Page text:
Alexander I of Scotland

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Alexander I (c. 1078 – 23 April 1124), also called Alaxandair mac Maíl Coluim (Modern Gaelic: Alasdair mac Mhaol Chaluim) and nicknamed "The Fierce",[1] was King of the Scots from 1107 to his death.

Alexander was the fourth son of Máel Coluim mac Donnchada by his wife Margaret of Wessex, grandniece of Edward the Confessor. Alexander was named for Pope Alexander II.

He was the younger brother of King Edgar, who was unmarried, and his brother's heir presumptive by 1104 (and perhabs earlier). In that year he was the senior layman present at the examination of the remains of Saint Cuthbert at Durham prior to their reinterrment. He held lands in Scotland north of the Forth and in Lothian.[2]

On the death of Edgar in 1107 he succeeded to the Scottish crown; but, in accordance with Edgar's instructions, their brother David was granted an appanage in southern Scotland. Edgar's will granted David the lands of the former kingdom of Strathclyde or Cumbria, and this was apparently agreed in advance by Edgar, Alexander, David and their brother-in-law Henry I of England. However, in 1113, perhaps at Henry's instigation, and with the support of his Anglo-Norman, David demanded, and received, additional lands in Lothian along the Upper Tweed and Teviot. David did not receive the title of king, but of "prince of the Cumbrians", and his lands remained under Alexander's final authority.[3]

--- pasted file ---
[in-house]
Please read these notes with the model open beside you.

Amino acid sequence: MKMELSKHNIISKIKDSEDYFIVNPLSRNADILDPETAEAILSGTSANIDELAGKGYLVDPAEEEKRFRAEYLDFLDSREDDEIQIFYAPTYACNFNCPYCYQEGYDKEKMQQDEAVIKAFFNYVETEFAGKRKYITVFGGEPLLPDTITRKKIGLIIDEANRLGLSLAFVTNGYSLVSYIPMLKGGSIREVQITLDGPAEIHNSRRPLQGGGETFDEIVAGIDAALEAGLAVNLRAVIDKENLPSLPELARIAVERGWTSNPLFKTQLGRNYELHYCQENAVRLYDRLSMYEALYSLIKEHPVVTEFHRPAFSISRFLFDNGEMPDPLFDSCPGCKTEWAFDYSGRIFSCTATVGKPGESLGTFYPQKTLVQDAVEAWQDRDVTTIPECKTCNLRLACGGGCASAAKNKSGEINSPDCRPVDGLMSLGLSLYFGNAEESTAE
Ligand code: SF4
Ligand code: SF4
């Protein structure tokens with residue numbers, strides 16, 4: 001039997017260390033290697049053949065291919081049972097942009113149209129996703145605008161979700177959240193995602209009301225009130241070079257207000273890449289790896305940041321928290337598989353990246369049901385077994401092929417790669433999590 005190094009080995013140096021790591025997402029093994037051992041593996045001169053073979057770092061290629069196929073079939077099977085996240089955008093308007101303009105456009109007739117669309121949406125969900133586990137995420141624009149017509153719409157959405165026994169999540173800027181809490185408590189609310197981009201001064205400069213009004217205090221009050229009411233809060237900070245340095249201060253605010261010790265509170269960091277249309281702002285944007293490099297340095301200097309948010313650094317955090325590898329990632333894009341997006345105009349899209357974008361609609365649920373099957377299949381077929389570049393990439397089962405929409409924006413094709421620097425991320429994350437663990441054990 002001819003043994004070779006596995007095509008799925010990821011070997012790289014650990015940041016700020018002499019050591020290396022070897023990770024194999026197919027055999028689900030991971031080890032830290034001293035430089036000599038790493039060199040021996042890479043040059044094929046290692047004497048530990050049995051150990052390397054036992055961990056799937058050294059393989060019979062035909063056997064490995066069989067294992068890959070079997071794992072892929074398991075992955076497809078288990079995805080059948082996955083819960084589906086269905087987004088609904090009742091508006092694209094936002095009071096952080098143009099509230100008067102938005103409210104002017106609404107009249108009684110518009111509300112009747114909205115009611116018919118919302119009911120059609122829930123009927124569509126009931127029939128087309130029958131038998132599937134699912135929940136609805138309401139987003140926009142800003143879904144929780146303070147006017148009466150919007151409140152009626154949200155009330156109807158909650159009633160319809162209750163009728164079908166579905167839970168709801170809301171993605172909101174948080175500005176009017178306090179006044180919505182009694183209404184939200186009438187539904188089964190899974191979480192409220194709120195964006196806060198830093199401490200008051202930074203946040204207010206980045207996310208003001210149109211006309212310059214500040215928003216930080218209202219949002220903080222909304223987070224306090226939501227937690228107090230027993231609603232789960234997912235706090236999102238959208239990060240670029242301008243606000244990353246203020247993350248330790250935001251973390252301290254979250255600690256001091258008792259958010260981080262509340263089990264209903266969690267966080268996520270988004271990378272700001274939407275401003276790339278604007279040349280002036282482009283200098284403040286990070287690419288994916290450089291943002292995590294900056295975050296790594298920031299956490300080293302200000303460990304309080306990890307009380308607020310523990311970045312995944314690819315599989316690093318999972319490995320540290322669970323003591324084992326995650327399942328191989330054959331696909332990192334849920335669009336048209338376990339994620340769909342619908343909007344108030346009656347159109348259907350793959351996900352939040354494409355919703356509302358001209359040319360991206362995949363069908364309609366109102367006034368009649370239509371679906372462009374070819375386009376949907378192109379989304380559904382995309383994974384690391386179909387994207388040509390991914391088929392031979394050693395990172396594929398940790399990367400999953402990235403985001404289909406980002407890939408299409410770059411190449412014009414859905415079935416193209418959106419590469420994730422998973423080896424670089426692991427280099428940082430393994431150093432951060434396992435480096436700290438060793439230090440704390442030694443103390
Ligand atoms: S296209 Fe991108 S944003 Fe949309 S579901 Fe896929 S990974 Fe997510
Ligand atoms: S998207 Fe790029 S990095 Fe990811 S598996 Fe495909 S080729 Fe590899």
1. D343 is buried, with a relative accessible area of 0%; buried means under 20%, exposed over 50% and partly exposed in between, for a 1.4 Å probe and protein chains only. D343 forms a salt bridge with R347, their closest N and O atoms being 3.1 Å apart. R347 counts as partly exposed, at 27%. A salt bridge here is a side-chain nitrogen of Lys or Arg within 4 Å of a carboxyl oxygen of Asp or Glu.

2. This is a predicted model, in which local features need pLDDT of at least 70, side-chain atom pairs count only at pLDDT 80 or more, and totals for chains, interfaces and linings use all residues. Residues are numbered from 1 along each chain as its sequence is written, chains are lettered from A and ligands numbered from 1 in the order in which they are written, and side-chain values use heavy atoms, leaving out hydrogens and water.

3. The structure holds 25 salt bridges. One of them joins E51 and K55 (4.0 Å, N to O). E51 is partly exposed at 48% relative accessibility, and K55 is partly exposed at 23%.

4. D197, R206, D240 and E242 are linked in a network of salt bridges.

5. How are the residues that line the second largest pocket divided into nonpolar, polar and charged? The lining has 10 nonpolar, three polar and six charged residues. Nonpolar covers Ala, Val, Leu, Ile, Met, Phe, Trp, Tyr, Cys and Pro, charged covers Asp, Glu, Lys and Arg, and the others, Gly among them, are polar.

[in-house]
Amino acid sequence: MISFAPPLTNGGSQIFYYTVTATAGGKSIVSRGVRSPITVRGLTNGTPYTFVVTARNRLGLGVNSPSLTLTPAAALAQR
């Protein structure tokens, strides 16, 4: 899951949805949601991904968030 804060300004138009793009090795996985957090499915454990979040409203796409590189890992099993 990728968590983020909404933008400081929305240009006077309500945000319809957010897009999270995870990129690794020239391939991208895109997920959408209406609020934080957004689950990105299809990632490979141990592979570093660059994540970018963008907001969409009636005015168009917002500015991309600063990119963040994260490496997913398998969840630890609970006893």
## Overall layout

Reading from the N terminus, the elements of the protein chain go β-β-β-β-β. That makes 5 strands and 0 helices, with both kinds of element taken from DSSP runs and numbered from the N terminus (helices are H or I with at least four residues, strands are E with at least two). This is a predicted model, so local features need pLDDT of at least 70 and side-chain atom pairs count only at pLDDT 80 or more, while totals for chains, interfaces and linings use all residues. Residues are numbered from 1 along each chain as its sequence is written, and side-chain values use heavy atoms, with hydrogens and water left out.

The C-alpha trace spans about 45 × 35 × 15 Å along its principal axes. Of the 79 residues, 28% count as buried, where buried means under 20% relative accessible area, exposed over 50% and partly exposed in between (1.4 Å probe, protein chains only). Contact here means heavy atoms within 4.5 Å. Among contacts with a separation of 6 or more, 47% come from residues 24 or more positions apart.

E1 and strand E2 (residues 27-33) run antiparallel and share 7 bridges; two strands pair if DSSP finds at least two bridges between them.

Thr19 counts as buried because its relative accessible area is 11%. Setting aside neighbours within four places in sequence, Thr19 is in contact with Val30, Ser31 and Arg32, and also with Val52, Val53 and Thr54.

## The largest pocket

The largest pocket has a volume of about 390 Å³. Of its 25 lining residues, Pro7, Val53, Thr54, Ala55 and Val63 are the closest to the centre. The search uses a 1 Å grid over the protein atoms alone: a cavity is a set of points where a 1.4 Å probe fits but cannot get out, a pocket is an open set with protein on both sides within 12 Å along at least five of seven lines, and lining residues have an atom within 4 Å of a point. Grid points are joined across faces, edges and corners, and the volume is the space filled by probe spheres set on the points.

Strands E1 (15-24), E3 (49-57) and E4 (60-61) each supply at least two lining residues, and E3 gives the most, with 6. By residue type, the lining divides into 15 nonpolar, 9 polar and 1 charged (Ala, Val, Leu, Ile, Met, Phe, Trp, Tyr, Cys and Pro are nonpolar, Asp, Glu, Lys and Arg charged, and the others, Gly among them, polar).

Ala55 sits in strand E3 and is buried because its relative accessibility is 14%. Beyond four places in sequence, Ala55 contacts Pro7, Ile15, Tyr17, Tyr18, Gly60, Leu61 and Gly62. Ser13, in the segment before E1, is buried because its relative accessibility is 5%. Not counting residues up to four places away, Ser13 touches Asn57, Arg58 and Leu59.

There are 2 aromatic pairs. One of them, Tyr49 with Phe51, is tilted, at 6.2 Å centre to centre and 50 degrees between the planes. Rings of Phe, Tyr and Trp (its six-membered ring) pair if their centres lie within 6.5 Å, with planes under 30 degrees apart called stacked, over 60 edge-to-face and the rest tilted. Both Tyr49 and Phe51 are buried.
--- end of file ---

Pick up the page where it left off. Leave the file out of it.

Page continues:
The dispute over Upper Tweeddale and Teviotdale does not appear to have damaged relations between Alexander and David, although it was unpopular in some quarters. A Gaelic poem laments:

It's bad what Malcolm's son has done,
dividing us from Alexander;
he causes, like each king's son before,
the plunder of stable Alba.[4]

The dispute over the eastern marches does not appear to have caused lasting trouble between Alexander and Henry of England. In 1114 he joined Henry on campaign in Wales against Gruffydd ap Cynan of Gwynedd.[5] Alexander's marriage with Henry's illegitimate daughter Sybilla de Normandy may have occurred as early as 1107, or as at late as 1114.[6]

William of Malmesbury's account attacks Sybilla, but the evidence argues that Alexander and Sybilla were a devoted but childless couple and Sybilla was of noteworthy piety.[7] Sybilla died in unrecorded circumstances at Eilean nam Ban (Kenmore on Loch Tay) in July, 1122 and was buried at Dunfermline Abbey. Alexander did not remarry and Walter Bower wrote that he planned an Augustinian Priory at the Eilean nam Ban dedicated to Sybilla's memory, and he may have taken steps to have her venerated.[8]

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